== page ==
Thursday, January 25, 2007

Australian Bank Stocks

Bloomberg, Kevin Foley, 24 January 2006

Shares of Australia's biggest banks, which reached records in the past year, may fall in 2007 as the highest interest rates in six years curb demand for loans.

Credit growth will slow to 12 percent, according to Australia & New Zealand Banking Group Ltd. That would be the smallest gain since 2002. The central bank has increased rates three times since May to cool inflation, and borrowing costs may rise twice more this year, said Atul Lele at White Funds Management.

The prospect of rising bad debts and increased competition may also tarnish the outlook for National Australia Bank Ltd., Commonwealth Bank of Australia, ANZ Bank and Westpac Banking Corp., the country's four largest banks. Loan losses are bound to rise, said Jack Chemello of BT Financial Group. Overseas companies also are taking lending business away from the banks.

``Rising interest rates will hurt them,'' said Sydney-based Lele, who helps manage the equivalent of $332 million and has reduced his holdings of bank shares. ``It will get much harder from here as credit growth slows.''

Australian lenders' shares are expensive compared with most overseas peers.

Melbourne-based National Australia, the nation's biggest bank, trades at 15.4 times 2006 earnings. Sydney-based Commonwealth, the second-largest, trades at 16.3 times, the highest among the four biggest banks. That compares with 11.3 times at Bank of America Corp., the second-largest U.S. lender after Citigroup Inc., and 12.7 times at HSBC Holdings Plc, the biggest European bank by market value.

`Question Mark'

``There's a question mark over whether the higher P-E valuations are justified given the risk from rising interest rates, a slowing economy and threats to credit growth,'' said Rohan Walsh, who manages $1.9 billion at Invesco Asset Management in Melbourne. He declined to say if he is buying or selling bank stocks.

Annual inflation was 3.3 percent in the three months ended Dec. 31, the third consecutive quarter it has breached the Reserve Bank of Australia's target of 2 percent to 3 percent.

Lele said he expects at least one more rate increase in the first half and sees potential for more in the second. He's not alone.

``I'd expect to see two more rate rises in 2007,'' said Chemello, who helps manage $30 billion at BT in Sydney. ``That will definitely take the cost of money to a level where households may start to reduce their demand for credit.'' He declined to say if he was buying or selling shares in banks.

Cheaper Than Japan

Shares of National Australia fell 8 cents to A$40.32 at the close of trade in Sydney, having reached a record A$41 on Jan. 3. They climbed 25 percent in 2006, the most in the eight-member S&P/ASX 200 Banks Index. Commonwealth stock slipped 1 cent to A$50.15 after earlier touching a record A$50.51. It gained 16 percent last year, in line with the banks index.

Melbourne-based ANZ Bank rose 13 cents to A$28.93, and are down from a record A$30.21 on Nov. 8. Sydney-based Westpac climbed 5 cents to A$25, compared with a record A$25.35 on May 2.

Most Australian banks are cheaper than the largest lenders in Japan, where Mizuho Financial Group Inc. trades at 16.4 times and Mitsubishi UFJ Financial Group Inc. at 16.3. The banks index also has the fifth-lowest P-E ratio among 24 industry groups in the benchmark S&P/ASX 200.

``Relative to the rest of the market, we think banks are starting to look quite attractive,'' said Bob Van Munster, who helps manage $7.5 billion at Tyndall Australia Ltd. in Sydney. The firm increased its bank holdings in the past three months. ``We don't think short-term interest rate hikes will have much effect on bank earnings.''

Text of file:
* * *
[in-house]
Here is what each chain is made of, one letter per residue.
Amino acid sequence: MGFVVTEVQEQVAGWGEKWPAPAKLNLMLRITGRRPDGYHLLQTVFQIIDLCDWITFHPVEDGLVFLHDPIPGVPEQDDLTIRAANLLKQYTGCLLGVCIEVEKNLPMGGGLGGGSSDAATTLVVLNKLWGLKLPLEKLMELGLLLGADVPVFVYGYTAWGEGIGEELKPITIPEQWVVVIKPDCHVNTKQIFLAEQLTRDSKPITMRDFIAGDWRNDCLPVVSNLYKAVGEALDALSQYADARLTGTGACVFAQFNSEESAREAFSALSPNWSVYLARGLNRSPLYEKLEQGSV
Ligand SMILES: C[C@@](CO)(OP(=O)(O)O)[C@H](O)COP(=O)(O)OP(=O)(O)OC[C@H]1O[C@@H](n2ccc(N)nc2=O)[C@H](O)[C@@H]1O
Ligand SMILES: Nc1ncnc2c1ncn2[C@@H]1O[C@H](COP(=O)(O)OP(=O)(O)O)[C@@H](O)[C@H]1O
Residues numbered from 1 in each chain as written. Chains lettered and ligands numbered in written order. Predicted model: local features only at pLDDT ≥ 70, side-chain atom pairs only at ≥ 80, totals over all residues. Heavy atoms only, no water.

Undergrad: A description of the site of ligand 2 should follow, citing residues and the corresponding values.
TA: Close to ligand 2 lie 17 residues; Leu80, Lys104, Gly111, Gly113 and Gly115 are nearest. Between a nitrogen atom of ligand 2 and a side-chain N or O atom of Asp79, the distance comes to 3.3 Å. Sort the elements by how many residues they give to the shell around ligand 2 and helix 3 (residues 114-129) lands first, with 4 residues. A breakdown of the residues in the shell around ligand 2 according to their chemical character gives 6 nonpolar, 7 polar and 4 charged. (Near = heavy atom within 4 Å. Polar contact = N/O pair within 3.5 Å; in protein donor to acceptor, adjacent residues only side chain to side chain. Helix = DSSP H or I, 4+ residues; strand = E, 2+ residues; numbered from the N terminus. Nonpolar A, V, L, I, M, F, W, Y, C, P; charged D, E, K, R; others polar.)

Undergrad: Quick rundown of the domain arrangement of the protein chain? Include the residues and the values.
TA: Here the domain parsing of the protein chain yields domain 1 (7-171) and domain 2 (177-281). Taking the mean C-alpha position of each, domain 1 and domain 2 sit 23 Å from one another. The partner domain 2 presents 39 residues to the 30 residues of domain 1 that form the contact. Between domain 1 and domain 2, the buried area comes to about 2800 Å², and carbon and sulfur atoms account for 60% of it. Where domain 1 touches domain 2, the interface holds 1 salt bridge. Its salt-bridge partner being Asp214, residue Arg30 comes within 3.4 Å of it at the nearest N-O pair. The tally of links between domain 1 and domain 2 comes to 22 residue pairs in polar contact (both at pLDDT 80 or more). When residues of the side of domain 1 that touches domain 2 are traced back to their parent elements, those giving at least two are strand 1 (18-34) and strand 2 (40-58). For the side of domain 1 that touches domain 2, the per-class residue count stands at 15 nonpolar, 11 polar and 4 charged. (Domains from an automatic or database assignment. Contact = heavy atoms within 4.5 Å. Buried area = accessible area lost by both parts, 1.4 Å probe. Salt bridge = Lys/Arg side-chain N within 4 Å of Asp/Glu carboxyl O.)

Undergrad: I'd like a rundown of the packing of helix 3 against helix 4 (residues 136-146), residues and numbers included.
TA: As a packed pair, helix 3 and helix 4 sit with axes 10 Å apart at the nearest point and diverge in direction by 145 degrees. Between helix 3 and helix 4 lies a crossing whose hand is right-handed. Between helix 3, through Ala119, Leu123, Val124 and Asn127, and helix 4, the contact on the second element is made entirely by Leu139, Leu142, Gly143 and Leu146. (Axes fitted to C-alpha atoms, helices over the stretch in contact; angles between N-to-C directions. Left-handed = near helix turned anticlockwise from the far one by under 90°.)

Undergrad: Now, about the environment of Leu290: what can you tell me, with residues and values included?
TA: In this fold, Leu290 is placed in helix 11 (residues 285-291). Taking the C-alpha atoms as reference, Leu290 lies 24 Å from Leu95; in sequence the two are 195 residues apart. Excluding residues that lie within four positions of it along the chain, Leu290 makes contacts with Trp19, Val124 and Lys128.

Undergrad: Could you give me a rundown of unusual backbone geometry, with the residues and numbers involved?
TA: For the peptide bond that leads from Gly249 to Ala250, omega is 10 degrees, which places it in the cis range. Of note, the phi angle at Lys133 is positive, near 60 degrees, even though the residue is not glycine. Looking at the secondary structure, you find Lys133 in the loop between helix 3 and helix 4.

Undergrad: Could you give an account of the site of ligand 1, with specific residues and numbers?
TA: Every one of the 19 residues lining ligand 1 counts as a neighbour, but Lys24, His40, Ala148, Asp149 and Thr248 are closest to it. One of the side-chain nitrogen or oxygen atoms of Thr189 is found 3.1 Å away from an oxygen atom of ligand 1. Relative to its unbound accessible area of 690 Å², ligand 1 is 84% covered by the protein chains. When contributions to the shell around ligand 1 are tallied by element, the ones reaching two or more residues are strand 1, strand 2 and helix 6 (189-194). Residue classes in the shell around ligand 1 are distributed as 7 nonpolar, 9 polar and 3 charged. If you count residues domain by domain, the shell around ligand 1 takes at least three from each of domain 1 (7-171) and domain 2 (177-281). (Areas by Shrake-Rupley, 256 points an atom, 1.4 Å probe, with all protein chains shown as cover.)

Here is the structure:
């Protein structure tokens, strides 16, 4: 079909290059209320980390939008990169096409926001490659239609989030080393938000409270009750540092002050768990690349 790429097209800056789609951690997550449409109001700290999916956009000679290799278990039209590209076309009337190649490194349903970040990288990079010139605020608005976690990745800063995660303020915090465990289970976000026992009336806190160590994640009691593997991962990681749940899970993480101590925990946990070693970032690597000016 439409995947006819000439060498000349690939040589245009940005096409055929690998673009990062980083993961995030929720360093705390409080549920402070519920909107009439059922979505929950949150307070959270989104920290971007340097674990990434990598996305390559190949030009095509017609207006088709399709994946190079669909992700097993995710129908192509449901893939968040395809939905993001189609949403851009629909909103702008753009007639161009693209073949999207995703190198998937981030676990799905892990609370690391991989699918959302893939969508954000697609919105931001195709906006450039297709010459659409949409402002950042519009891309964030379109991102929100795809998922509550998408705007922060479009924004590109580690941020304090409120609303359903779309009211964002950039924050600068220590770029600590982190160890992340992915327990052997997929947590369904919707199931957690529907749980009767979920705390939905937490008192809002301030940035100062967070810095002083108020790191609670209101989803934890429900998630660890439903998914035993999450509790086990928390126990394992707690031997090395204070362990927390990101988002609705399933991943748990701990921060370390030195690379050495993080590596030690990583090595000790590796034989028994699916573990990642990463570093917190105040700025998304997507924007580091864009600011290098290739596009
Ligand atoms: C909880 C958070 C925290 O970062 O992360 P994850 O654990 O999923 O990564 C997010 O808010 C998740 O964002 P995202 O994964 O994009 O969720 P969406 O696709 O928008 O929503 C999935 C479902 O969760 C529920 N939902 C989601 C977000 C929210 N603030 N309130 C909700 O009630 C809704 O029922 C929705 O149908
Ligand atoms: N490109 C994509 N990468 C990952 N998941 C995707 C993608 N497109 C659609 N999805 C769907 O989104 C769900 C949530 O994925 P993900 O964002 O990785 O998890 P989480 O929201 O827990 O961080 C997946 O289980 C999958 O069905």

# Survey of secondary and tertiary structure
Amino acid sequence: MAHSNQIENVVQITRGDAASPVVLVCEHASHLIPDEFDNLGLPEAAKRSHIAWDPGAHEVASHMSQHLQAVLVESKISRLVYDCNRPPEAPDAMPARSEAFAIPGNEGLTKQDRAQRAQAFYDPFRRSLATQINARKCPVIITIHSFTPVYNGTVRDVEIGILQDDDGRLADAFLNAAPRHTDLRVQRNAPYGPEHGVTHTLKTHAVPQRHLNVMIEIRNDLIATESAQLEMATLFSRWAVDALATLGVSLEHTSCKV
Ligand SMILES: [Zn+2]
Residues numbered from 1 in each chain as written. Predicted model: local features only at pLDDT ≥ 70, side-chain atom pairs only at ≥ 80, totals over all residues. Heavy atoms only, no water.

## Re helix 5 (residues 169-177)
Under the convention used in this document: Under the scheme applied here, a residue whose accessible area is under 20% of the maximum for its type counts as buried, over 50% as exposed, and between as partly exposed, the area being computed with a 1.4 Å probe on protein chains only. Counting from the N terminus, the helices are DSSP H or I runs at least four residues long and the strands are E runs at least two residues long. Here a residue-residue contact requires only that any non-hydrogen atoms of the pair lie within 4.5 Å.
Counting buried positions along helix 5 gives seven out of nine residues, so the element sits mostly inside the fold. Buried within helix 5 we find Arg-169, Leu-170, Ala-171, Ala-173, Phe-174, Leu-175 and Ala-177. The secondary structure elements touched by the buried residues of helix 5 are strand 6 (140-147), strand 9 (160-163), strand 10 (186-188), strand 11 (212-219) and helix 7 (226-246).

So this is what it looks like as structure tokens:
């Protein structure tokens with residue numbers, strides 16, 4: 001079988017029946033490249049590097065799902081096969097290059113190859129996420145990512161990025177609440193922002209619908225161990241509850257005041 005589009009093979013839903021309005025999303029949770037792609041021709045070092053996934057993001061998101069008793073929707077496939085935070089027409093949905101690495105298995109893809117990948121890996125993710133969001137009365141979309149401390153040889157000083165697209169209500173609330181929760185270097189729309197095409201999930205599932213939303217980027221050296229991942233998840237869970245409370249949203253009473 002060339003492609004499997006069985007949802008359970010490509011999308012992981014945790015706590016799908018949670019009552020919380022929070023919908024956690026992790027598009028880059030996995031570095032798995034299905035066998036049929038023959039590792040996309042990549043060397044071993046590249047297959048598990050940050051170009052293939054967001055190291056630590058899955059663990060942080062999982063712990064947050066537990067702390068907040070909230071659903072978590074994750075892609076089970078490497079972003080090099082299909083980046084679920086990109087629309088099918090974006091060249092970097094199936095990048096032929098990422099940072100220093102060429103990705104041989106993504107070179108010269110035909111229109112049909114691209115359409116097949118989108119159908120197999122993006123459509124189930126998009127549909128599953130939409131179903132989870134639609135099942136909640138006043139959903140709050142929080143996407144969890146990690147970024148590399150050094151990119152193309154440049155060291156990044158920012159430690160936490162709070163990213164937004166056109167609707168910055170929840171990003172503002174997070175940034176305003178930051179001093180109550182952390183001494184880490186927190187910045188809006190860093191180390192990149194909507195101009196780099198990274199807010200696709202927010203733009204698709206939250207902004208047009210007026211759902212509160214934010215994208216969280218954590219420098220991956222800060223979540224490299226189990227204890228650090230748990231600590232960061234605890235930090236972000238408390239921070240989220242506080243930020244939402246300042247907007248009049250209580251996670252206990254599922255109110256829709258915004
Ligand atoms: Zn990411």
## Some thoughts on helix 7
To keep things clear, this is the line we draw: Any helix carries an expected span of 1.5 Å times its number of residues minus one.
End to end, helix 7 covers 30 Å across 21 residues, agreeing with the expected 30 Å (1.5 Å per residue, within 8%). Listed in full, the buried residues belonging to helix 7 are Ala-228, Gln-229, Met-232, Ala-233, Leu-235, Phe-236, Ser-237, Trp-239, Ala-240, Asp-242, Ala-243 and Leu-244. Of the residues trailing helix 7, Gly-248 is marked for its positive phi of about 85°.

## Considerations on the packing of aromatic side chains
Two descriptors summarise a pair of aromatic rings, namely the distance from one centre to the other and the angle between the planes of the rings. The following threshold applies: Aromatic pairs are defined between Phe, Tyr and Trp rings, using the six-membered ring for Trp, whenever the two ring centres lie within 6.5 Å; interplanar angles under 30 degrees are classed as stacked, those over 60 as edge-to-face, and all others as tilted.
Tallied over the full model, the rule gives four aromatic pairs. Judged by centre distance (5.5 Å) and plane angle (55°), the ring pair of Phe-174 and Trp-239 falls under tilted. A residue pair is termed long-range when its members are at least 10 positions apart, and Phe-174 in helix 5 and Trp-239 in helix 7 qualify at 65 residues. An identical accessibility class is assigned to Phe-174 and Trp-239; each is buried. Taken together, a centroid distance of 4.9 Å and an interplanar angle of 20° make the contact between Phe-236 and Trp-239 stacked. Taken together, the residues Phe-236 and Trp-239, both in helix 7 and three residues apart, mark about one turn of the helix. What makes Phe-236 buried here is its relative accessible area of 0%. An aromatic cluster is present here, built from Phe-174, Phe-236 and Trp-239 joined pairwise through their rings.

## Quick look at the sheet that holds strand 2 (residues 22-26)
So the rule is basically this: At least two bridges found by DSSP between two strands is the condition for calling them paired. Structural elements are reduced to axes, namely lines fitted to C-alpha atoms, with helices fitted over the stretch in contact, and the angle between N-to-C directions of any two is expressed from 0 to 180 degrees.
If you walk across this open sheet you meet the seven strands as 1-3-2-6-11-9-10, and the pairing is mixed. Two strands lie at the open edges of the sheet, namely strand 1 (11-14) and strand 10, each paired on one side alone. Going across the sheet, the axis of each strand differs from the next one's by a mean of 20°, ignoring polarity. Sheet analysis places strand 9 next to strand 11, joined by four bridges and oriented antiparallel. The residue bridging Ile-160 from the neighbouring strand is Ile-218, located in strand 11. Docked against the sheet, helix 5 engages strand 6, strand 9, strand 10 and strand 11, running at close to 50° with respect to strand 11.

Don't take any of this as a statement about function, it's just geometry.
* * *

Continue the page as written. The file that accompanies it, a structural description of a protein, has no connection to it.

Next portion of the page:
Loan Losses

John McFarlane, chief executive of ANZ Bank, said in October that industry loan growth will slow to 12 percent in 2007 from 14.4 percent a year earlier on lower demand from homebuyers and companies. That would be the weakest growth since 2002, central bank data show. ANZ Bank is the nation's third-largest lender.

Westpac, Australia's fourth-biggest bank, has forecast the nation's credit growth will slow to 11 percent this year.

Last month, McFarlane said ANZ Bank's earnings growth will slow because of ``significantly higher'' provisions for loan losses. Credit losses will rise in 2007 from ``historic lows,'' Chief Financial Officer Peter Marriott said in October.

Australia's economy grew 2.2 percent in the third quarter from a year earlier, its slowest pace in three years as business spending dropped and the nation's worst drought in a century cut farm output. That compares with 3 percent growth in the U.S. and 2.7 percent in both Japan and the U.K.

`The Big Issue'

``Credit quality is the big issue,'' said BT Financial's Chemello. ``Loan losses can't get much lower than they are now and it's highly probable that we'll see some kind of deterioration from current pristine levels.''

Increased competition for loans caused Adelaide Bank Ltd., a regional Australian lender, to cut its earnings growth forecast in November to as low as 6 percent this fiscal year from at least 10 percent.

Rivalry for credit-card customers and mortgage borrowers is reducing profit margins. At least 15 card lenders, including Citigroup and General Electric Co. of the U.S., are offering interest rates lower than 11 percent, compared with an average 18 percent rate three years ago, according to InfoChoice Ltd. of Sydney.

Australia's home-loan approvals fell for a fourth straight month in November as rising rates curbed borrowing.

``Competition has gone to the next level in terms of ferocity,'' said Chemello. ``Volume growth has slowed so there's less pie to go around and there's more competitors than ever.''